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Demons: A Novel in Three Parts (Vintage Classics) Paperback – August 1, 1995
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From Library Journal
Pevear and Volokhonsky have found critical acclaim with previous translations of Dostoevsky's Brothers Karamazov (Classic Returns, LJ 8/90), Crime and Punishment (Classic Returns, LJ 1/92), and Notes from Underground (Classic Returns, LJ 7/93). Their Demons should be equally respected.
Copyright 1994 Reed Business Information, Inc. --This text refers to an out of print or unavailable edition of this title.
From Kirkus Reviews
Dostoevsky's sprawling political novel is given new life in this fresh translation. The previous translations of the husband-and-wife team of Larissa Volokhonsky and Richard Pevear--The Brothers Karamazov, Crime and Punishment, and Notes From Underground--have been universally praised for capturing Dostoevsky's force and subtlety, and all three works are now considered the English standards. Now they have successfully tackled one of Dostoevsky's most complex and dense works. Mistakenly translated in the past as ``The Possessed,'' the title refers to the infestation of foreign political and philosophical ideas that swept Russia in the second half of the 19th century. Pevear writes in the introduction, ``These demons, then, are ideas, that legion of -isms that came to Russia from the West: idealism, rationalism, empiricism, materialism, utilitarianism, positivism, socialism, anarchism, nihilism, and, underlying them all, atheism.'' Dostoevsky, taking as his starting point the political chaos around him at the time, constructs an elaborate morality tale in which the people of a provincial town turn against one another because they are convinced of the infallibility of their ideas. Stepan Trofimovich, an affable thinker who does little to turn his liberal ideas into action, creates a monster in his student, Nikolai Vsevolodovich Stavrogin, who takes his spiritual father's teaching to heart, joining a circle of other nihilists who will justify any and all violent excesses for the sake of their ideas. Stavrogin aims for a ``systematic corrupting of society and all its principles'' so that out of the resulting destruction he may ``raise the banner of rebellion.'' A chilling foreshadowing of Stalinist logic. Volokhonsky and Pevear's translation brings to the surface all of Dostoevsky's subtle linguistic and nationalist humor, and the copious notes are indispensable for making one's way through the thicket of 19th-century Russian politics. -- Copyright ©1994, Kirkus Associates, LP. All rights reserved. --This text refers to an out of print or unavailable edition of this title.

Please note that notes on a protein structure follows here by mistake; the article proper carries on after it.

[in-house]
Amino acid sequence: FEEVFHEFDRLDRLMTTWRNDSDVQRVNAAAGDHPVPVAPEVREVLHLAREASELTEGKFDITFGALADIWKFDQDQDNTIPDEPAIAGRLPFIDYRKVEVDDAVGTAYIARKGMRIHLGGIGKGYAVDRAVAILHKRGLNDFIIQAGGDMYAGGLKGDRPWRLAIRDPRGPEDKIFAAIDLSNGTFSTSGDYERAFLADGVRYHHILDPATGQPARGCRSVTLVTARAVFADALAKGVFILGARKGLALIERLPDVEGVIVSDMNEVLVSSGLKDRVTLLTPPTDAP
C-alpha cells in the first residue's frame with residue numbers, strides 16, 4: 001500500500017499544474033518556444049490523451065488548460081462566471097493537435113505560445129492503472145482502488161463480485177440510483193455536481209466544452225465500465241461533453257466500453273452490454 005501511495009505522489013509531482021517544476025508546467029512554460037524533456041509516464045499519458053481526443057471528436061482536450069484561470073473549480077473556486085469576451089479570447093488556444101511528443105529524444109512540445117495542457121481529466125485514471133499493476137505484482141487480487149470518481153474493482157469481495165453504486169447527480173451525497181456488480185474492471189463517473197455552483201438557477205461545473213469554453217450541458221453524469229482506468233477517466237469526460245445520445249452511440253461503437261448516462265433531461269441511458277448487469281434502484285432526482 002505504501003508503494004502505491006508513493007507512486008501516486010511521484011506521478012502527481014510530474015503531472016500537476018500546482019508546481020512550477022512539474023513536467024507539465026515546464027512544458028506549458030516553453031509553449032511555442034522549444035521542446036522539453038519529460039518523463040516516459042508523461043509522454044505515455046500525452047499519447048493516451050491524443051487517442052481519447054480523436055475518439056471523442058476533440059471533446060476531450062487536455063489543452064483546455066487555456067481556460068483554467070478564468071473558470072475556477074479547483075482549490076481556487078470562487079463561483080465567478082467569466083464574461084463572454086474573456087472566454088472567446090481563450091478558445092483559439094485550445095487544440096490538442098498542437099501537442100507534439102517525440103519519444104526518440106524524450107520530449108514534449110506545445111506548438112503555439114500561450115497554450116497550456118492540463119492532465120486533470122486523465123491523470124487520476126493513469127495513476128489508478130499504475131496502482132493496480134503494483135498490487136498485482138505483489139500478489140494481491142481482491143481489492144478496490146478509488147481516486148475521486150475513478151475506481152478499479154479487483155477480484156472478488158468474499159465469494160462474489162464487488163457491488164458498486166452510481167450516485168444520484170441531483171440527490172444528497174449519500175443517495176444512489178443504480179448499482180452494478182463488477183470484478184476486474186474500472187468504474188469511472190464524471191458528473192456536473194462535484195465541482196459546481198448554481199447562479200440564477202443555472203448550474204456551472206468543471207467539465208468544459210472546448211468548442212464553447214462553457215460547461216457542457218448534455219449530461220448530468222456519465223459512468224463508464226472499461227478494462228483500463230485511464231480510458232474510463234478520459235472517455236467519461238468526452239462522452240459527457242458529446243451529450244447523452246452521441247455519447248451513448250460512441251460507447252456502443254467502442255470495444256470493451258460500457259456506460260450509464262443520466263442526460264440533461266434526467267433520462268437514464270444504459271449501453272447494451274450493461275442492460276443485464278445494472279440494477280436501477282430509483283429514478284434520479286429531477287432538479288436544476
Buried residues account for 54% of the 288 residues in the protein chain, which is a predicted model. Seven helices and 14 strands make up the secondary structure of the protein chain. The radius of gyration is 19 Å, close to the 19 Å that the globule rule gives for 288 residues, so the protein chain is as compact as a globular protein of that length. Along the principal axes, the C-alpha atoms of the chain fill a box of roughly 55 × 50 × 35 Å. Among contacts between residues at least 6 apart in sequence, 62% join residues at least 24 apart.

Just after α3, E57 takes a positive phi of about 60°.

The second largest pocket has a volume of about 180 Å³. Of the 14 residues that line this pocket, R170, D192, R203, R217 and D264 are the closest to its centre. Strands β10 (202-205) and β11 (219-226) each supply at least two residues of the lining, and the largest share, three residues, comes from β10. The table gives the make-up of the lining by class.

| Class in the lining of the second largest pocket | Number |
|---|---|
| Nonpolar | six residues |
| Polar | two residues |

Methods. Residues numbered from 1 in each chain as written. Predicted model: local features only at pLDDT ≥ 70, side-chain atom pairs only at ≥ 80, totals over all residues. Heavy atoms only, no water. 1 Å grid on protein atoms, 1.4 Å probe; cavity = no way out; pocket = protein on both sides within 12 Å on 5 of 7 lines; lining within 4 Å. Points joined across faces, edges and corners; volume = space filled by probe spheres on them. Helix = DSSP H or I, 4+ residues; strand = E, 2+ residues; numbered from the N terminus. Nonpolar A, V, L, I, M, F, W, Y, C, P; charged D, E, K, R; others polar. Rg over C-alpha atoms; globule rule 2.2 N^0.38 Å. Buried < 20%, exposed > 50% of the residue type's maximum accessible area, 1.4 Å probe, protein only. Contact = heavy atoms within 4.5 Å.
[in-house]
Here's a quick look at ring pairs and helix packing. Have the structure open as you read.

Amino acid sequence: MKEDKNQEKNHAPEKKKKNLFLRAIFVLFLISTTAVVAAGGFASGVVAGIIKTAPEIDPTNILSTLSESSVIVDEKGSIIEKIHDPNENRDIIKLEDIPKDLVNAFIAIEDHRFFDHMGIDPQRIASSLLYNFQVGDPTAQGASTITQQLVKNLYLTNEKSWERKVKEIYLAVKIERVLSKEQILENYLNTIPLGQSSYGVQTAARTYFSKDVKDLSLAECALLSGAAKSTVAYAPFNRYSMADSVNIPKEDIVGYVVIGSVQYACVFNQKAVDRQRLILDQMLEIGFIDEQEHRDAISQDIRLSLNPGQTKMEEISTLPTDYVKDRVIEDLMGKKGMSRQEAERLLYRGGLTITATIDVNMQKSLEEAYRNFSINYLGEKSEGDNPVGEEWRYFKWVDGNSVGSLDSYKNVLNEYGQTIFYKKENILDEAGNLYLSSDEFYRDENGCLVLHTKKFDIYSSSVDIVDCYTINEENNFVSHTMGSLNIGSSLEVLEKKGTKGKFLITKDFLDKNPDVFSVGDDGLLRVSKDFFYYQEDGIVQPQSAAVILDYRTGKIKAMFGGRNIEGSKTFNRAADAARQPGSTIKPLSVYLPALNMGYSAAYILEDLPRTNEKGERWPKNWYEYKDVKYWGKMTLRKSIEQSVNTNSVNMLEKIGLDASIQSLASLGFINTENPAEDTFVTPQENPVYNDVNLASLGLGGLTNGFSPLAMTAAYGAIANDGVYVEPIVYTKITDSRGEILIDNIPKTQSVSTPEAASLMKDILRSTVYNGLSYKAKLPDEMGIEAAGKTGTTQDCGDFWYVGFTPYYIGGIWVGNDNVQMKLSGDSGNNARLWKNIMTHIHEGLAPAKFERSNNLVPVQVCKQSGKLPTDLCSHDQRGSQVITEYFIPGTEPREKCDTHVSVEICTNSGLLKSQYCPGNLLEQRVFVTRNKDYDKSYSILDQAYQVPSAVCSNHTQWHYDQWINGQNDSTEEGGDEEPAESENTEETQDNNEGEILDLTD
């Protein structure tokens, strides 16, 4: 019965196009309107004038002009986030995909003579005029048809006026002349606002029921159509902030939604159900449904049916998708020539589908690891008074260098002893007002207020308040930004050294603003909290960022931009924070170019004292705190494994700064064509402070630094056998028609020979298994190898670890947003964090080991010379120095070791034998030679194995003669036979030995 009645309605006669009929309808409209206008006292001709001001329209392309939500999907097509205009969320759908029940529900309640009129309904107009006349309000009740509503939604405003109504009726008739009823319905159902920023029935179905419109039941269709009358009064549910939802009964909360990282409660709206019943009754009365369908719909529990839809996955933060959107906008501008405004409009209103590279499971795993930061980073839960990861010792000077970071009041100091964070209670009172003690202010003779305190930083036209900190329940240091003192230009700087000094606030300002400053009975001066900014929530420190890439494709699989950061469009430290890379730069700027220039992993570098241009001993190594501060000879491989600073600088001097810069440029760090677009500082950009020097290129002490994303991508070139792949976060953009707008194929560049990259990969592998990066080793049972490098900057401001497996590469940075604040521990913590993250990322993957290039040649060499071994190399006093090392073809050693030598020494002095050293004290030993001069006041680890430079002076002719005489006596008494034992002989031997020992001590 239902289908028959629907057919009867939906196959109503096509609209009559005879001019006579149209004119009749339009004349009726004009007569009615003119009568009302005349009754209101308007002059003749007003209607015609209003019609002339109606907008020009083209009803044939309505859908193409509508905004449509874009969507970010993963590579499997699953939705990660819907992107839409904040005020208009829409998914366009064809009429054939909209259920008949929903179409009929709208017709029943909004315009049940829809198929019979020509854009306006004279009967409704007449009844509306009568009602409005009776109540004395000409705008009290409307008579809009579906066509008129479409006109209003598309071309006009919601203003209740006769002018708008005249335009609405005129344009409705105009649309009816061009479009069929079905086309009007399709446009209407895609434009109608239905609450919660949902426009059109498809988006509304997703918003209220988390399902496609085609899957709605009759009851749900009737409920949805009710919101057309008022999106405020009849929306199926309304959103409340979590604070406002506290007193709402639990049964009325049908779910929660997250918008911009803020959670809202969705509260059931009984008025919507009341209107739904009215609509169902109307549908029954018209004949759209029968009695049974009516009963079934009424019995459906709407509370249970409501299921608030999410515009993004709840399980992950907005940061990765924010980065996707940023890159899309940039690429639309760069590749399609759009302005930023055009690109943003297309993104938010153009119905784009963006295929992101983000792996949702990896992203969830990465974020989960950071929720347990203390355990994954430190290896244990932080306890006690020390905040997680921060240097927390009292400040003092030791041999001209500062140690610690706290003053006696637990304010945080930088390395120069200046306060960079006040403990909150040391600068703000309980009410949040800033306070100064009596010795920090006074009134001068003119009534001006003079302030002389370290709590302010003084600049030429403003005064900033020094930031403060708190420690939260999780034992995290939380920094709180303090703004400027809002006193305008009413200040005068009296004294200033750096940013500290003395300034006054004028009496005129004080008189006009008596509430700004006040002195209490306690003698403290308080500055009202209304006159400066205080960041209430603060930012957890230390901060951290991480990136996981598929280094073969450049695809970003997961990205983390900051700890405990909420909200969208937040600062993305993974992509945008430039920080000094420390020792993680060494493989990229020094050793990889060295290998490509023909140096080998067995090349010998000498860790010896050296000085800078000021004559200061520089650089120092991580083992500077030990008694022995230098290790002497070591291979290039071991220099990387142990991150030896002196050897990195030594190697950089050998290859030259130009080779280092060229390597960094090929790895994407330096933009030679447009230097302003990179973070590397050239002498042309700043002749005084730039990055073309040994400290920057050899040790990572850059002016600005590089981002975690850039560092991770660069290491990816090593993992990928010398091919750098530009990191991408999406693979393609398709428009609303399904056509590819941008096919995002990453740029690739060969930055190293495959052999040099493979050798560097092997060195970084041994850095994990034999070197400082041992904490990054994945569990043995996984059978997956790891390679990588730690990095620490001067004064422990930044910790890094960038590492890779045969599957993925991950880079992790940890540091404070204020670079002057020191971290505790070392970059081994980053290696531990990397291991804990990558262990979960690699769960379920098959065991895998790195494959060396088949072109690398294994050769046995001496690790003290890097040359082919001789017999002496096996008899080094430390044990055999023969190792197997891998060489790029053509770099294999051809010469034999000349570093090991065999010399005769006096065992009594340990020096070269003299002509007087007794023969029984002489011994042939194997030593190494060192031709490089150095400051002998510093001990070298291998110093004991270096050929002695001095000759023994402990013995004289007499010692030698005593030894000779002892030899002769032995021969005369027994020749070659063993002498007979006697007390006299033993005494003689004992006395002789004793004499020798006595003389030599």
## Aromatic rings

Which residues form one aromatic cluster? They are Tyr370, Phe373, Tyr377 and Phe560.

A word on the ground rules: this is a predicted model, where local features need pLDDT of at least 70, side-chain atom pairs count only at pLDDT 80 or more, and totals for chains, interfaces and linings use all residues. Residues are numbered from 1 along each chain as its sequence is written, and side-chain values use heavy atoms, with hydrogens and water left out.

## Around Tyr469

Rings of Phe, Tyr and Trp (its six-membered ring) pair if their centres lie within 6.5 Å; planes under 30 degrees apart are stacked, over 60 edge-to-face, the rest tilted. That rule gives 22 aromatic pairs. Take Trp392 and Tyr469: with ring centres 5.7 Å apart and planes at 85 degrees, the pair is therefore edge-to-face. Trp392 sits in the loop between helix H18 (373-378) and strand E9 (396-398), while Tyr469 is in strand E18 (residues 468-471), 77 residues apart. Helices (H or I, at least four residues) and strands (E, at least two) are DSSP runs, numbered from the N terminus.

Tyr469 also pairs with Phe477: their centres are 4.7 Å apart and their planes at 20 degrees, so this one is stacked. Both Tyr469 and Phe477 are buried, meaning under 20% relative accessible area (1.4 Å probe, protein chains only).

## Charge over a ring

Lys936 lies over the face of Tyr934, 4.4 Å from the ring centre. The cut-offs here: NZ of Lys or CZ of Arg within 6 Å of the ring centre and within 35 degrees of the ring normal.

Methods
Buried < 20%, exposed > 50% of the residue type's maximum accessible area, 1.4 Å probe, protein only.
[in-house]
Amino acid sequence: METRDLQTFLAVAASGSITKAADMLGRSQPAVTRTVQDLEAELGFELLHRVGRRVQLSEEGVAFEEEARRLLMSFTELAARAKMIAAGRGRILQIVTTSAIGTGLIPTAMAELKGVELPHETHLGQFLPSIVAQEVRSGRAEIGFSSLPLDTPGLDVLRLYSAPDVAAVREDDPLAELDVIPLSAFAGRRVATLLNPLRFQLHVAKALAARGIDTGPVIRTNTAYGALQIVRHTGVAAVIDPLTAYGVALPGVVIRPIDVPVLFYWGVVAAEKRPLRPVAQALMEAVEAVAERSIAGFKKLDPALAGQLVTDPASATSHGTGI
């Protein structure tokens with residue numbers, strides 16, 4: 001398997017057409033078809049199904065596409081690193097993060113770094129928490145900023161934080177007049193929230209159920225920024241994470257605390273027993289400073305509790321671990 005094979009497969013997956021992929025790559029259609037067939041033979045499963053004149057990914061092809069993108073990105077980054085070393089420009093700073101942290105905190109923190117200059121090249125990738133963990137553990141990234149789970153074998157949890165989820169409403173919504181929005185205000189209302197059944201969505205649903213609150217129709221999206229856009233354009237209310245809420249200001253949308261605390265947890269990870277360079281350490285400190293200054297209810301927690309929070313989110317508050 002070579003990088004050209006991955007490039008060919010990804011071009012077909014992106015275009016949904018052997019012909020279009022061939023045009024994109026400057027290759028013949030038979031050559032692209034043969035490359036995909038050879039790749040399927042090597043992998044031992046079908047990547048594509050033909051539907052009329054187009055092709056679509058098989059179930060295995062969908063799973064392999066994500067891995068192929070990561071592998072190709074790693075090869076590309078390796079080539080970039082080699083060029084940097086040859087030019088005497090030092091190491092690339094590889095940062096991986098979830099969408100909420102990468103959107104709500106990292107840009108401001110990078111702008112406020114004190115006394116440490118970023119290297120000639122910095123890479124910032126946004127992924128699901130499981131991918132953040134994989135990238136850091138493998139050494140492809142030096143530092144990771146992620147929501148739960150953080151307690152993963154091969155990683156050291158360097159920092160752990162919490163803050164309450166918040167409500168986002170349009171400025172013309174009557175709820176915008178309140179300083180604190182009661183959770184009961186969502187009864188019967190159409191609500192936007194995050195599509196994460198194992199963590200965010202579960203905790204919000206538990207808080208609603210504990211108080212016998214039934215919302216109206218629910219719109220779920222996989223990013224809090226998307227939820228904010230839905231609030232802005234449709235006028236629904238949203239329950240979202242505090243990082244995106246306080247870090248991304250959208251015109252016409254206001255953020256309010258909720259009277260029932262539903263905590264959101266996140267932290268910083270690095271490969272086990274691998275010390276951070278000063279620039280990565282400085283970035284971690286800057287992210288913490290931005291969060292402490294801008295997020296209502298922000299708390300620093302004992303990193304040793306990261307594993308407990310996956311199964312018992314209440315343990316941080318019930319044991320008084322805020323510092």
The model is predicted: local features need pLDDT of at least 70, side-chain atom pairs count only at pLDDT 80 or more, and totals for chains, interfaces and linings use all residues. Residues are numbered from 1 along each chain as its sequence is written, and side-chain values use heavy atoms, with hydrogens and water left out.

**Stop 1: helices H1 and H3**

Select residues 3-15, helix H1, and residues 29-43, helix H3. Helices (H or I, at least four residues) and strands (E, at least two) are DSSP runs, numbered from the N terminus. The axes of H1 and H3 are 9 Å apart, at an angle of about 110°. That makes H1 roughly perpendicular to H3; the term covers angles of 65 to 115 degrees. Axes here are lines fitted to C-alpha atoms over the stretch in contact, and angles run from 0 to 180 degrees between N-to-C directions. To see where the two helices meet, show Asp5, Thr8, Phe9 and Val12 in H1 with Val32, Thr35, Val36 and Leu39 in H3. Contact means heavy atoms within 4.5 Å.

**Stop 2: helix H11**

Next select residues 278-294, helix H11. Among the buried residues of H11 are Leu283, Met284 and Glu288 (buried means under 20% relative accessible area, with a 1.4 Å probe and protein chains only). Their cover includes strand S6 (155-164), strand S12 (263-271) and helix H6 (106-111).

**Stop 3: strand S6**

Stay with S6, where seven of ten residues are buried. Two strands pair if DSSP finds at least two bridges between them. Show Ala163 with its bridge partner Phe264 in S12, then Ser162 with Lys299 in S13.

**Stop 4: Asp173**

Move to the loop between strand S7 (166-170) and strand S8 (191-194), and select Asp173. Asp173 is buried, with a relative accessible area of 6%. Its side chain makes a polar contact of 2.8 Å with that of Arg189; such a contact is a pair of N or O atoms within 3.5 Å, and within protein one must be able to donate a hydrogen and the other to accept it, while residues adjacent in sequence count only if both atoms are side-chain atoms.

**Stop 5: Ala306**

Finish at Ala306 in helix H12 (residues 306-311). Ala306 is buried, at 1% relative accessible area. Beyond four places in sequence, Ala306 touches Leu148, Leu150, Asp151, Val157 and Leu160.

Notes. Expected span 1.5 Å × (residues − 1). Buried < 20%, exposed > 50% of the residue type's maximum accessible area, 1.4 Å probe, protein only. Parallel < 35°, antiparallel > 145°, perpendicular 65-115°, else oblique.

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I bought the Pevear and Volokhonsky version. The translation itself I thought was better than other Dostoevsky works I've read from other translators (The Brothers K by Garnett and Borders Classic's version of C&P), because I thought that it had fewer awkward and repetitive phrases when describing people. It also had many helpful historical notes lending extra context (needed for the author's then contemporary references). The intro was very helpful as well, giving some interpretive guidance for reading this, as well as other, Dostoevsky works.
I've read that some folks find the revolutionary characters in the book unrealistic, a fabrication of the author's mind. However, I would suggest that all who hold this opinion read The Gulag Archipelago by Solzhenitsyn. You will see that his characters are actually quite reasonable compared to the real-life leaders in Stalin's Russia. The P&V version also contains helpful footnotes that point out some events in the book that may seem unbelievable were actually based on real events; including the climax.
I think one of my favorite traits about this work is how well explained and logical all the evil ideas seem, but that which is pure and beautiful does not answer this attack with a logical discourse; goodness is beheld in a sort-of silence, a response to truth deeper than a dissertation can express. The main characters always give a convincing why as to their murders and abuses (the real evil characters usually commit wrong from philosophical motives and not from lust), but the one would-be redemptive moment in the book is accompanied by no wordy explanation, only the description of joy and tenderness in the characters participating. Perhaps a hint that the good in humanity is more deeply rooted and hidden than the corruption. This hints at the Orthodox conception of man after the fall, which contrasts with the Calvinistic vision of total depravity that often taints Western thought.
His philosophical presentation of the importance of ideas (especially bad ones, "demons") is truly significant and relevant.
While, for me, Demons lacks the accessibility of Crime and Punishment (Everyman's Library), the poignancy of The Brothers Karamazov (Everyman's Library (Cloth)) The Brothers Karamazov, or the emotion of Notes from Underground (Everyman's Library) Dostoevsky still managed to turn a highly political, extremely cerebral, and academically dense novel into something that, in the end, managed to pull me into the novel for more than simple academic curiosity. I am not a student a Russian history, political or otherwise. I am not Russian. It felt like much of the novel was so mired in the history of Russian thought and identity that I became lost and distant from the characters early on. Making my way through Part 1 was a chore. I found it difficult to relate to the characters, difficult to understand, and difficult to keep track of everyone moving in and out of the story. I knew that I wouldn't, but I nearly wanted to give up - hence my foray into the playful sadness of Italo Calvino and the personal narrative of Ham on Rye: A Novel.